So there is a substantial history of spiritual application of this Psalm in terms of God’s victory over spiritual enemies. As Clinton E. Arnold summarizes the situation:
By analogy to God as the triumphant Divine Warrior who, after he ascended his throne, received gifts of homage from his captives, Paul “depicts Christ as the triumphant Divine Warrior who, after he ascended to his throne, blesses his people with gifts.”
Again, even if Paul depends on a lesser known textual tradition, it is one that accurately expresses the theme of the Psalm as a whole. It may perhaps have been an intentional gloss, conflating the one expression from v.18 with that from v.35 as a way of summarizing the meaning of Psalm and its relevance to the Christians in Asia Minor.
Ascent and Descent
But, all this being as it is, we are still left with one final problem in the form of Paul’s rather unhelpful explanation:
(9) And what does ‘he rose up’ imply except that he also descended into the lower parts of the earth? (10) The one who descended is the same as the one who ascended above all the heavens, so that he might fill all things.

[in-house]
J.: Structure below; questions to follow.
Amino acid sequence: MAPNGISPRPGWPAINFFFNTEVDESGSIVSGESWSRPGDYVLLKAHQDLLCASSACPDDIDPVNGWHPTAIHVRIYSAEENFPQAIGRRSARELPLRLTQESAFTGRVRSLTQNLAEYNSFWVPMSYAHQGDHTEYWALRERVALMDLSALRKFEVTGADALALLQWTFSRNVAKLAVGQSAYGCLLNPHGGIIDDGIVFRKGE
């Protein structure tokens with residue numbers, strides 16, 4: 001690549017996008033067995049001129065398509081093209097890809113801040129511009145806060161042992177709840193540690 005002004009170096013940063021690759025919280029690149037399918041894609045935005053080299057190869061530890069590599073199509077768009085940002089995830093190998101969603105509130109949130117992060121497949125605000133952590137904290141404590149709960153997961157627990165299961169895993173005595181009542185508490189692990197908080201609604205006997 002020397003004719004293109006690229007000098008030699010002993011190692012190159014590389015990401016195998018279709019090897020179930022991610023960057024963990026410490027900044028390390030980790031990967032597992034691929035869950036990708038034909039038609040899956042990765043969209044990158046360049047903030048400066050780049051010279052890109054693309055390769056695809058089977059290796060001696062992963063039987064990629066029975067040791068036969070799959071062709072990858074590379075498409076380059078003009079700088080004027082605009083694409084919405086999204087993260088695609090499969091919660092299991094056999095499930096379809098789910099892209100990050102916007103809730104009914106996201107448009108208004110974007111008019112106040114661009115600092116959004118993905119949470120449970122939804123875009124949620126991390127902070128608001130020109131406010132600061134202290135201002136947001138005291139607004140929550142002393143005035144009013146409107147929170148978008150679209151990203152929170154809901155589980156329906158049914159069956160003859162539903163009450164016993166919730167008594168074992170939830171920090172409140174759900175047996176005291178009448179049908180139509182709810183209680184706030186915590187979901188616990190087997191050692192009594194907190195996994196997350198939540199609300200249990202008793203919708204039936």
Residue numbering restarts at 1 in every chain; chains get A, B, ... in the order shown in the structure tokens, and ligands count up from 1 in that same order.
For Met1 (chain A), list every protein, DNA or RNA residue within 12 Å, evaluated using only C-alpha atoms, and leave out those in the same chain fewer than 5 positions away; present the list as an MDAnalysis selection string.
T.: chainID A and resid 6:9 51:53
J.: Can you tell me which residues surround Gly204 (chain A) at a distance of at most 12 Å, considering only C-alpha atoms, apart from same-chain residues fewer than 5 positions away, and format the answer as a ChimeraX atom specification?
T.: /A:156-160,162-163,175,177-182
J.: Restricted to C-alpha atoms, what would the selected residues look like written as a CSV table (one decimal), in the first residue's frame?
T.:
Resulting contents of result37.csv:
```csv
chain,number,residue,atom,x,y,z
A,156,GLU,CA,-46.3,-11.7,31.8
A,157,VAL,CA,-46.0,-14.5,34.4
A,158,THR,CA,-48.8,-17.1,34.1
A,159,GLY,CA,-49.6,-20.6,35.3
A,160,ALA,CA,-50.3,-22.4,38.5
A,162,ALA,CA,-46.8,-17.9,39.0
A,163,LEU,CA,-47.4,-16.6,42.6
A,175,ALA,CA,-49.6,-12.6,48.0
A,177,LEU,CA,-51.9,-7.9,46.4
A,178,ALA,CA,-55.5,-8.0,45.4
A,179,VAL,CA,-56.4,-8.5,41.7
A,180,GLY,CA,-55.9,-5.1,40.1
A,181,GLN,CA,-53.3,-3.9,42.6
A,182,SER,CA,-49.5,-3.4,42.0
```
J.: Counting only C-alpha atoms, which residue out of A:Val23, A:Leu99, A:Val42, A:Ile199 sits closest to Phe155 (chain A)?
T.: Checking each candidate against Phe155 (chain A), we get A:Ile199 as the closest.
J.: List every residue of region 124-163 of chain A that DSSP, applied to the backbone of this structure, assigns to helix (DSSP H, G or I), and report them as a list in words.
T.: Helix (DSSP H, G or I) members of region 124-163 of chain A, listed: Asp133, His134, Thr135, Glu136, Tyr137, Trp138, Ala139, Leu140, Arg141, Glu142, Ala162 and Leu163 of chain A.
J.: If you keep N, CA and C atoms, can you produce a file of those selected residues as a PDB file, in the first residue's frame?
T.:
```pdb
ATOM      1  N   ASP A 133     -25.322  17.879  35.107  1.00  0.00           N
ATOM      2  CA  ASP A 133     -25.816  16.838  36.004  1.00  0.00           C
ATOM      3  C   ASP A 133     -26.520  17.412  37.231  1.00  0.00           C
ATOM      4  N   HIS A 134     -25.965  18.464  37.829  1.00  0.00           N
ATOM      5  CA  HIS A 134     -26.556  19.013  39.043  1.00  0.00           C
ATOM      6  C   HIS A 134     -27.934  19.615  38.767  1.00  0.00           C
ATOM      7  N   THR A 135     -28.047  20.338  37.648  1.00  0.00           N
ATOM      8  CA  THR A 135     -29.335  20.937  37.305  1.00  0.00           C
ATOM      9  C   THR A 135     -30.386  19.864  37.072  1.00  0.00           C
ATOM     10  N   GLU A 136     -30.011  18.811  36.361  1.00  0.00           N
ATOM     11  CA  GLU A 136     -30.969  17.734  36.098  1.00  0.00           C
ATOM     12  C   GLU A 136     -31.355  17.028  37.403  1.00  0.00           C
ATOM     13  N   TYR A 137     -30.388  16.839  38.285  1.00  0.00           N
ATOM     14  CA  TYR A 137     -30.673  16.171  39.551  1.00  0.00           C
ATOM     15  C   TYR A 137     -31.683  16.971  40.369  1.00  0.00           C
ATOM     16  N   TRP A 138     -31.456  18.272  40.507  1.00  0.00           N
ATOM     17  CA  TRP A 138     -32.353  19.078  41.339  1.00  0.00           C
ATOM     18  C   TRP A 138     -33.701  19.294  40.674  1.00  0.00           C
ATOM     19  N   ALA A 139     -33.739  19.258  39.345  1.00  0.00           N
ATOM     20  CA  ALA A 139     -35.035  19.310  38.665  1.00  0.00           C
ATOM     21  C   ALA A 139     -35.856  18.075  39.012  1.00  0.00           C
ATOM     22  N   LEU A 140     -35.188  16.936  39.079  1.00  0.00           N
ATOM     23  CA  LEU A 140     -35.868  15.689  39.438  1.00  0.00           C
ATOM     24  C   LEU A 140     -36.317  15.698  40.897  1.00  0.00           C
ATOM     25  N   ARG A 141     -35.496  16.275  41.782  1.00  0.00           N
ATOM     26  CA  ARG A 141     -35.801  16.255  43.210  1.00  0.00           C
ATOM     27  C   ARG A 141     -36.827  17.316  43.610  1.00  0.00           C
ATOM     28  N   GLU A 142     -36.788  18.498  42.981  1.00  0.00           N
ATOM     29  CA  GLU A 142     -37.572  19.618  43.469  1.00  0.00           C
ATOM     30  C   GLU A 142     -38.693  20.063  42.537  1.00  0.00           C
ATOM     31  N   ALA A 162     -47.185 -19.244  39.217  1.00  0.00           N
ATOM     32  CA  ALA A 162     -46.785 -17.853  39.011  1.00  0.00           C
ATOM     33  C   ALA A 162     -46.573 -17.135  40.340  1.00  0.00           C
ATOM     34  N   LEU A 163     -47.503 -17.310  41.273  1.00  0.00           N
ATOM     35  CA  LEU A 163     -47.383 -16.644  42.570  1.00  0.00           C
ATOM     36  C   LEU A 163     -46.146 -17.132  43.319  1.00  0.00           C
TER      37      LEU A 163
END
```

What is this language of ascent and descent all about, and how does it connect to the giving of gifts?
The funny thing is that the ascent language is pretty clear. Ephesians has already stressed the importance of the Ascension, specifically as an event which marginalizes the ‘principalities and powers’ and places them under Christ’s authority. So it makes sense that Paul would find this a relevant meaning in Psalm 68.18. But the language of descent, which he unnecessarily introduces here, is far less certain. What ‘descent’ is he talking about? And how is it relevant?